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Context:


Jenny and Jack got married in 1956.

On October 22nd, 1959 Jack got sick and doctor prescribed some pills for him. Later that night Jack took those pills, chewing thoroughly before swallowing them. Jenny saw that and was very much surprised, because she herself had always only swallowed medicine, without any chewing.

Some time in the year of 2003 they are reflecting on their marriage life together. Jenny is recalling her surprise that happened on October 22nd, 1959:


And here I am puzzled over how to express Jenny's sentence correctly.

  1. You are the first person that I saw chewing medicine!

-- This one may mean that it was Jenny who was chewing medicine.

  1. You are the first person that I saw as chewing medicine!

-- This one may also mean that it was Jenny chewing medicine. And it may also mean that it only looked like Jack was chewing medicine.

  1. You are the first medicine-chewing person that I saw!

-- This one may mean that Jack was chewing medicine every day.

  1. You are the first person that I saw that was chewing medicine!

-- Perhaps, this one is okay, but it's kind of clumsy to me.

So what would be the idiomatic way of expressing this thought in English?

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  • 1
    A native speaker would use #1 (and not #2-4, which all sound odd). Nobody would misinterpret the meaning as Jenny doing the chewing. May 4, 2021 at 6:35
  • 2
    I would say "You were the first person I had ever seen who chewed their tablets." (I think of medicine in this context as implying a liquid.) May 4, 2021 at 8:38
  • 2
    What @KateBunting said. Idiomatically, native speakers would usually favour something like #1, with the addition of an intensifier You were the first person [that] I ever saw chewing medicine! (actually, probably with plain infinitive chew rather than the continuous participle, which serves no real purpose here). May 4, 2021 at 15:46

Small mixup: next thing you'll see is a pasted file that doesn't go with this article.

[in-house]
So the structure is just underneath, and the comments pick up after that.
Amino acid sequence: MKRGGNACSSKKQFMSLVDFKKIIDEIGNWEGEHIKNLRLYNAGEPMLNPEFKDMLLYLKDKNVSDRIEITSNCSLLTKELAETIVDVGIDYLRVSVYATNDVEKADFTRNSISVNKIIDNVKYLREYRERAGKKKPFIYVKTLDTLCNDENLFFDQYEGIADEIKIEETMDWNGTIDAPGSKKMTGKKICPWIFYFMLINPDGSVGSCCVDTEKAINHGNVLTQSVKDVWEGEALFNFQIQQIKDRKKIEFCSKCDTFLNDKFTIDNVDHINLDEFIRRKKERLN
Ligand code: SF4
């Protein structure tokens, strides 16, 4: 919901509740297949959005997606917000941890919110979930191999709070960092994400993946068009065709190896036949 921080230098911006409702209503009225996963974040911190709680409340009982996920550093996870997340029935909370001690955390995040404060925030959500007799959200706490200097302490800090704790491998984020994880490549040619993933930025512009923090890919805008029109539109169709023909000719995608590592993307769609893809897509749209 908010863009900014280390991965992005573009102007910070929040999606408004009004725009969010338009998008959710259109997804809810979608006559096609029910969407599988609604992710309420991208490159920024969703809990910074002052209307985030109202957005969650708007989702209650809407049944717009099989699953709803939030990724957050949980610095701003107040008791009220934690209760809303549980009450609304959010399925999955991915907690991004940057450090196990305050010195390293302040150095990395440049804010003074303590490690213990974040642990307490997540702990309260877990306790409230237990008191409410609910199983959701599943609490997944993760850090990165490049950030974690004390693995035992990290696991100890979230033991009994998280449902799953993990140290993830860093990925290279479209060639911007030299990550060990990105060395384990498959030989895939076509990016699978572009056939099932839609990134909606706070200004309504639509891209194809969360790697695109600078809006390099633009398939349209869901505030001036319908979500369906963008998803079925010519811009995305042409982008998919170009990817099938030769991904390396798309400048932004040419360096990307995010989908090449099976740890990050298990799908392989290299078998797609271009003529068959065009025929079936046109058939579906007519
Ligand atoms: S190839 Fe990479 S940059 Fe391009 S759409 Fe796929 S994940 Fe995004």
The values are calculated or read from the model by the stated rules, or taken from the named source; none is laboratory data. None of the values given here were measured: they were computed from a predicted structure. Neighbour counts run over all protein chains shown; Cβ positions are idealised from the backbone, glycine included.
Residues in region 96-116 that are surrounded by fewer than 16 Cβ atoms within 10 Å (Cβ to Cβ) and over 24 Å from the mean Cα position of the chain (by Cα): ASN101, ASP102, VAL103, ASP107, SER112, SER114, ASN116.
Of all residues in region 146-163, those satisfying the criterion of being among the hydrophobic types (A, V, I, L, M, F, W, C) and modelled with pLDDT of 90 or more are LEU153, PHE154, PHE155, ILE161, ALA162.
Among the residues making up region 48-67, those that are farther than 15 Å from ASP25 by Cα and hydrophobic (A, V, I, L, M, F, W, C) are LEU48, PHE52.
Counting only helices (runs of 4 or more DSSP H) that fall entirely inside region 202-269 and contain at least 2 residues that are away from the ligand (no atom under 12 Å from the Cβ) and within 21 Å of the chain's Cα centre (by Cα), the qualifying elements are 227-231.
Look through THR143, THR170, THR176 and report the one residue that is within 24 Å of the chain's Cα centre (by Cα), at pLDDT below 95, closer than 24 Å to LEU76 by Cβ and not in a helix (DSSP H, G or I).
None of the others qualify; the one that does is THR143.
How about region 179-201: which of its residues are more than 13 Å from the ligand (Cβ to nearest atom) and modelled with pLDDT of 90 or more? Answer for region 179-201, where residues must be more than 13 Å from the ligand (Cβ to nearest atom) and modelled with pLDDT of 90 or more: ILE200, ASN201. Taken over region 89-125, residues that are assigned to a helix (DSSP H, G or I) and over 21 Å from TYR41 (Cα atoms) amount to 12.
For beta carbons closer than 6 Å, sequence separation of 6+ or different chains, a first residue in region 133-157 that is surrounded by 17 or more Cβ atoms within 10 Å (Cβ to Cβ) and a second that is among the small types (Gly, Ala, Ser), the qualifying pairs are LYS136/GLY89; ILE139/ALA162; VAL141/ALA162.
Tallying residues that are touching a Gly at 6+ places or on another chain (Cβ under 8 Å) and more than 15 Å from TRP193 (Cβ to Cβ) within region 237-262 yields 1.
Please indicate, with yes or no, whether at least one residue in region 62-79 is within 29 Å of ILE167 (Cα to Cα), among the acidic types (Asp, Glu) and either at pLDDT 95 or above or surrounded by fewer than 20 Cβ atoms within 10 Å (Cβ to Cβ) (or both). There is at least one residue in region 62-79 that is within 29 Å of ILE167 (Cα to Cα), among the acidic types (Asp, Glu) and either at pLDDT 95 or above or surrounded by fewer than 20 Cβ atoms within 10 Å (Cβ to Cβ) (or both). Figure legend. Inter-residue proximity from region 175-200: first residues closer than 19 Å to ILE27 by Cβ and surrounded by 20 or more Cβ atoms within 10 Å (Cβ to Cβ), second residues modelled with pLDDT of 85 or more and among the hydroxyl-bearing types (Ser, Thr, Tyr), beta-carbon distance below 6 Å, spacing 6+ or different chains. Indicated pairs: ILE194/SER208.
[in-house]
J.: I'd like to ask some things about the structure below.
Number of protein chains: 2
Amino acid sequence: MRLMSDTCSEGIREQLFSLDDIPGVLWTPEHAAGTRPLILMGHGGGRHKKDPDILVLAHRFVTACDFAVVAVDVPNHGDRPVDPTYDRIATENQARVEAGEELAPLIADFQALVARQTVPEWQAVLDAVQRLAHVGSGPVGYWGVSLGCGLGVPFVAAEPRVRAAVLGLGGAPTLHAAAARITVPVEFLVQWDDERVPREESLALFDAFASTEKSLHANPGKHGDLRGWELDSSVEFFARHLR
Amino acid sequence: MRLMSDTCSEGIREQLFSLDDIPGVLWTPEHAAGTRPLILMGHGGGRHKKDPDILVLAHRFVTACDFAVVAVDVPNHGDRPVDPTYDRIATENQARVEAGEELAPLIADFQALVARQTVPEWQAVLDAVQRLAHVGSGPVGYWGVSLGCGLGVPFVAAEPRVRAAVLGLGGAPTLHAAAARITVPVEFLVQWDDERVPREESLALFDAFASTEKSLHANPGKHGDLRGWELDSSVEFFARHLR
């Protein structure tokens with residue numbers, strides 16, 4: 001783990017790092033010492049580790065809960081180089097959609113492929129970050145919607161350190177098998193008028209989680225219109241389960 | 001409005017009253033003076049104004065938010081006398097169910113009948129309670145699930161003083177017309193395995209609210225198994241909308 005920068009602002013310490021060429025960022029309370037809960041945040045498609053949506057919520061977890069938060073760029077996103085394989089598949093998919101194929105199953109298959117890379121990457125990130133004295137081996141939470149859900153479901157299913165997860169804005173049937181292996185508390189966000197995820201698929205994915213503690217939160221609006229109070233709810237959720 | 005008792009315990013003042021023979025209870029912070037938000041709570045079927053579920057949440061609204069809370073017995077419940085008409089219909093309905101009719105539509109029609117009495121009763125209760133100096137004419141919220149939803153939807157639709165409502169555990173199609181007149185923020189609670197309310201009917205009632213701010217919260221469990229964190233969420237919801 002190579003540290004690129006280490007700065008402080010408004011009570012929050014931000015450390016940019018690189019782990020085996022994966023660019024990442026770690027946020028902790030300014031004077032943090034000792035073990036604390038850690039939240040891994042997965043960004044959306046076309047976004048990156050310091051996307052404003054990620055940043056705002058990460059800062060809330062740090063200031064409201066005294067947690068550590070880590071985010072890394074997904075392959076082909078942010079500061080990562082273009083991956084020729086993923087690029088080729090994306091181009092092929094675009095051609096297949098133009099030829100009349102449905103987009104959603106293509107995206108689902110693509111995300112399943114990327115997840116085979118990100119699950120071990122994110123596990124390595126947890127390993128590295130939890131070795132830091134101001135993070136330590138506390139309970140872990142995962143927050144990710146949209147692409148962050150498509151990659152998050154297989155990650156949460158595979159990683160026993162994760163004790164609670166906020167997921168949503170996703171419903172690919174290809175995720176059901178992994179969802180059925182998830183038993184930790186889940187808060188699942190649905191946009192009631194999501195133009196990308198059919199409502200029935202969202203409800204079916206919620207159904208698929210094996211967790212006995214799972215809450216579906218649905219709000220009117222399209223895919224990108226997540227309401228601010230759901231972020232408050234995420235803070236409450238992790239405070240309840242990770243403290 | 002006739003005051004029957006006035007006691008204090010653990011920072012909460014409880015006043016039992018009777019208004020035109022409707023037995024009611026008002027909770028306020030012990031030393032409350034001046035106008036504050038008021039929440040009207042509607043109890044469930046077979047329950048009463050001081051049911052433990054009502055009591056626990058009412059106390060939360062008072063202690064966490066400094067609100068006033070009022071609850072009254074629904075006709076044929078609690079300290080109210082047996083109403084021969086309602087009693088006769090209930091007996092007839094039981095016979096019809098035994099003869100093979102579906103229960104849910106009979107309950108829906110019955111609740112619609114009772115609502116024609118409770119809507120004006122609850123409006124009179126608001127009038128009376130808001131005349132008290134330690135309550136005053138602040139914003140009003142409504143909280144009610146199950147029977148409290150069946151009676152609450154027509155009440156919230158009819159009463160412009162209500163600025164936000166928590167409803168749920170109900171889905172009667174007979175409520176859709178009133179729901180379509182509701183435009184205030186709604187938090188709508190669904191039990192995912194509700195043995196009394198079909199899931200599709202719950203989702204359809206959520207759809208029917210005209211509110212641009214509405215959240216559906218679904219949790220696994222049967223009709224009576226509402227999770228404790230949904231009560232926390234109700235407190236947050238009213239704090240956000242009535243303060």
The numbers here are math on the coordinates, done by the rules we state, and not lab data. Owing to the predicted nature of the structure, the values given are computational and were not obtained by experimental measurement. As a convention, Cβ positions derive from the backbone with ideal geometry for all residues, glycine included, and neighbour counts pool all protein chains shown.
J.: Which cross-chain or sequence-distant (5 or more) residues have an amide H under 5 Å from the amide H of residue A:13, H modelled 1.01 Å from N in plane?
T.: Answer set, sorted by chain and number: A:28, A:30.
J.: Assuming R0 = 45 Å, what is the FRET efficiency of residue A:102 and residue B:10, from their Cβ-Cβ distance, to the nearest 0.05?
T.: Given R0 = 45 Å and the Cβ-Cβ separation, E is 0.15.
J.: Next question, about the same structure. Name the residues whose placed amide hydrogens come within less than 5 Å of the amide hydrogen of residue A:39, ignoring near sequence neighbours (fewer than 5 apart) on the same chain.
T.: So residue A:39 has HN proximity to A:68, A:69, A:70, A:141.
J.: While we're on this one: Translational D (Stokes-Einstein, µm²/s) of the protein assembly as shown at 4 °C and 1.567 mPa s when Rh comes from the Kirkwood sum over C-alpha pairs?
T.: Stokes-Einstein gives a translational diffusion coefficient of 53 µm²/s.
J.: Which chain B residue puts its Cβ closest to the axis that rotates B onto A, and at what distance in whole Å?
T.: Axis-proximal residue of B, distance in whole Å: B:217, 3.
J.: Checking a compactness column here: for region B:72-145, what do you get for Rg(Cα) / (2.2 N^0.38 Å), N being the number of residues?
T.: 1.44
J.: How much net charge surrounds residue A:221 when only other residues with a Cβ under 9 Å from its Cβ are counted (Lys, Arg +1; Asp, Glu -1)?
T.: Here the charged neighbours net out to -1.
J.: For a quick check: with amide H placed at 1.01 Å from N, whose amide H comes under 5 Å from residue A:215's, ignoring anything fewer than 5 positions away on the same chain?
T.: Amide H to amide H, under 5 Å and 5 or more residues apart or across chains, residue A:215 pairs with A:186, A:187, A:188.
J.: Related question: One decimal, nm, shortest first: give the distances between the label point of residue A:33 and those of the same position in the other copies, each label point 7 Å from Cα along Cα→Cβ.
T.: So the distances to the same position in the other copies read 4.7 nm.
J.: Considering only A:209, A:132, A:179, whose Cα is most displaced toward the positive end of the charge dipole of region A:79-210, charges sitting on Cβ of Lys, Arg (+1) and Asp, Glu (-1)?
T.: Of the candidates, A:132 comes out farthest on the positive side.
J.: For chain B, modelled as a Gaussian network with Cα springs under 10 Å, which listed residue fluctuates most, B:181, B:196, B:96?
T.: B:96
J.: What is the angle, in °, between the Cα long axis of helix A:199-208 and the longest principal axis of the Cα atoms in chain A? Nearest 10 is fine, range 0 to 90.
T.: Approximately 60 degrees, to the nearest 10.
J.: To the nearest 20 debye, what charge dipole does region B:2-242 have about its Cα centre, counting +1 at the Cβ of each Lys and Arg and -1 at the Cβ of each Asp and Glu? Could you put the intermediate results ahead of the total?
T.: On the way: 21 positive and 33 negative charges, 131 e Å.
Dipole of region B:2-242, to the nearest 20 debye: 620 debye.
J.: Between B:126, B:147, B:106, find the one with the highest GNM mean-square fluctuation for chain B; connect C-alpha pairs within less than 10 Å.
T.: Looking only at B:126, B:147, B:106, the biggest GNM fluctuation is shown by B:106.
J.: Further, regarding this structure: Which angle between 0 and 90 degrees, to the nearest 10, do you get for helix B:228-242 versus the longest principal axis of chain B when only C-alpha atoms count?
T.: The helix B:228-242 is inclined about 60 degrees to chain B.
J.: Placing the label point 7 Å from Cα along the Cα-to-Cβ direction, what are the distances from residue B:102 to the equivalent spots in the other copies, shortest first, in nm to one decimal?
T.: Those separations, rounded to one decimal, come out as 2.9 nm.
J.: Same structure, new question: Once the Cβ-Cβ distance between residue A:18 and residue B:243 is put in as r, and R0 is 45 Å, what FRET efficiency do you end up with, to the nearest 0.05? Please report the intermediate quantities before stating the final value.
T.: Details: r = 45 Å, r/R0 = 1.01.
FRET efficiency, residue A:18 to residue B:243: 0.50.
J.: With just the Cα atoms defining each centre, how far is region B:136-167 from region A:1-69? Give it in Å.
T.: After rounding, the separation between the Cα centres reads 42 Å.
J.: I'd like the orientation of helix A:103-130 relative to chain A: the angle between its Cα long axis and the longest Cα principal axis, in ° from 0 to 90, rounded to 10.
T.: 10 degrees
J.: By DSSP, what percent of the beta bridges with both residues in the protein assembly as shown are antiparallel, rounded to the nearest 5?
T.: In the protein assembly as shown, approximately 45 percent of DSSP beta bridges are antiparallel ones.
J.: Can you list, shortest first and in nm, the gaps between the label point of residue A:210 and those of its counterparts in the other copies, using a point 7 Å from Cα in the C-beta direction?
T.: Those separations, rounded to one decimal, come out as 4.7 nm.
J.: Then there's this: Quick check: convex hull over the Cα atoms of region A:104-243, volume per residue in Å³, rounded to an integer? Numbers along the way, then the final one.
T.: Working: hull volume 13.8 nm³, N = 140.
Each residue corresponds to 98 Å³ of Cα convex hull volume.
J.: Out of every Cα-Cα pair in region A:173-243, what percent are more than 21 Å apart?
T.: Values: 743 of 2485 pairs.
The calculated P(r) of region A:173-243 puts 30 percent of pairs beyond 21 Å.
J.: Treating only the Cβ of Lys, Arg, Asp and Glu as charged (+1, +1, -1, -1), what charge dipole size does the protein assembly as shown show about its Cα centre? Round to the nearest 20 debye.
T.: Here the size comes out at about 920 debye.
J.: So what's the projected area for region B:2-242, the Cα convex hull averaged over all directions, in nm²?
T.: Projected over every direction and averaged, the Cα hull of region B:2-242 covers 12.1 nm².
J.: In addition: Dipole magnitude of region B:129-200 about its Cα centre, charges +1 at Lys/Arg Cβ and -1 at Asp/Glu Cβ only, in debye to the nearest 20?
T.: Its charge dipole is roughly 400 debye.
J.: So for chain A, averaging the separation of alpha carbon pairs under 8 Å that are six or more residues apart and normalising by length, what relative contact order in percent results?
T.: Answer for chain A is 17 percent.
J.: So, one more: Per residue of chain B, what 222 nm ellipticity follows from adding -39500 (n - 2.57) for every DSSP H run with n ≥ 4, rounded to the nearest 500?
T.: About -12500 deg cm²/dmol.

1 Answer 1

1

As @Chemomechanics said, #2-#4 sound odd. I also agree with @Kate Bunting that medicine can be implied as liquid, so changing it to "medicine tablet" is better. Adding intensifier and using plain infinitive as @FumbleFingers suggested is good too.

Thus, my suggestion for improving #1:

1a. You were the first person I ever saw who chewed his medicine tablet!

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  • Thank you. Allow me one question here: What if Jenny were not talking about her husband, but about someone else who is already dead by the moment of talking, would then be better to change "chews" to "chewed" ("He was the first person I ever saw who chewed his medicine tablet!")?
    – brilliant
    Jun 28, 2021 at 9:08
  • @brilliant I made a grammar mistake; should have been "chewed". But if the sentence is delivered orally to the husband who is present, then it should be in present tense: "You are the first person I ever saw who chews his medicine tablet!" "You were" and "He was" imply that the person has died. Jun 28, 2021 at 9:16
  • So, I need to switch from "you were" to "you are" in my examples, right?
    – brilliant
    Jun 28, 2021 at 9:22
  • @brilliant I believe so, yes. After that, the choice of "who chews" or "who chewed" depends on what you want to emphasize. If the husband still do that now, you use "who chews", but if you only want to concentrate on the past (leaving the present behavior unspecified), you use "who chewed". If the utterance context is a eulogy (delivered in a memorial by the surviving Jenny) then "You were ..... who chewed..." is the one to use. Jun 28, 2021 at 9:24
  • I see. Thank you.
    – brilliant
    Jun 28, 2021 at 9:29

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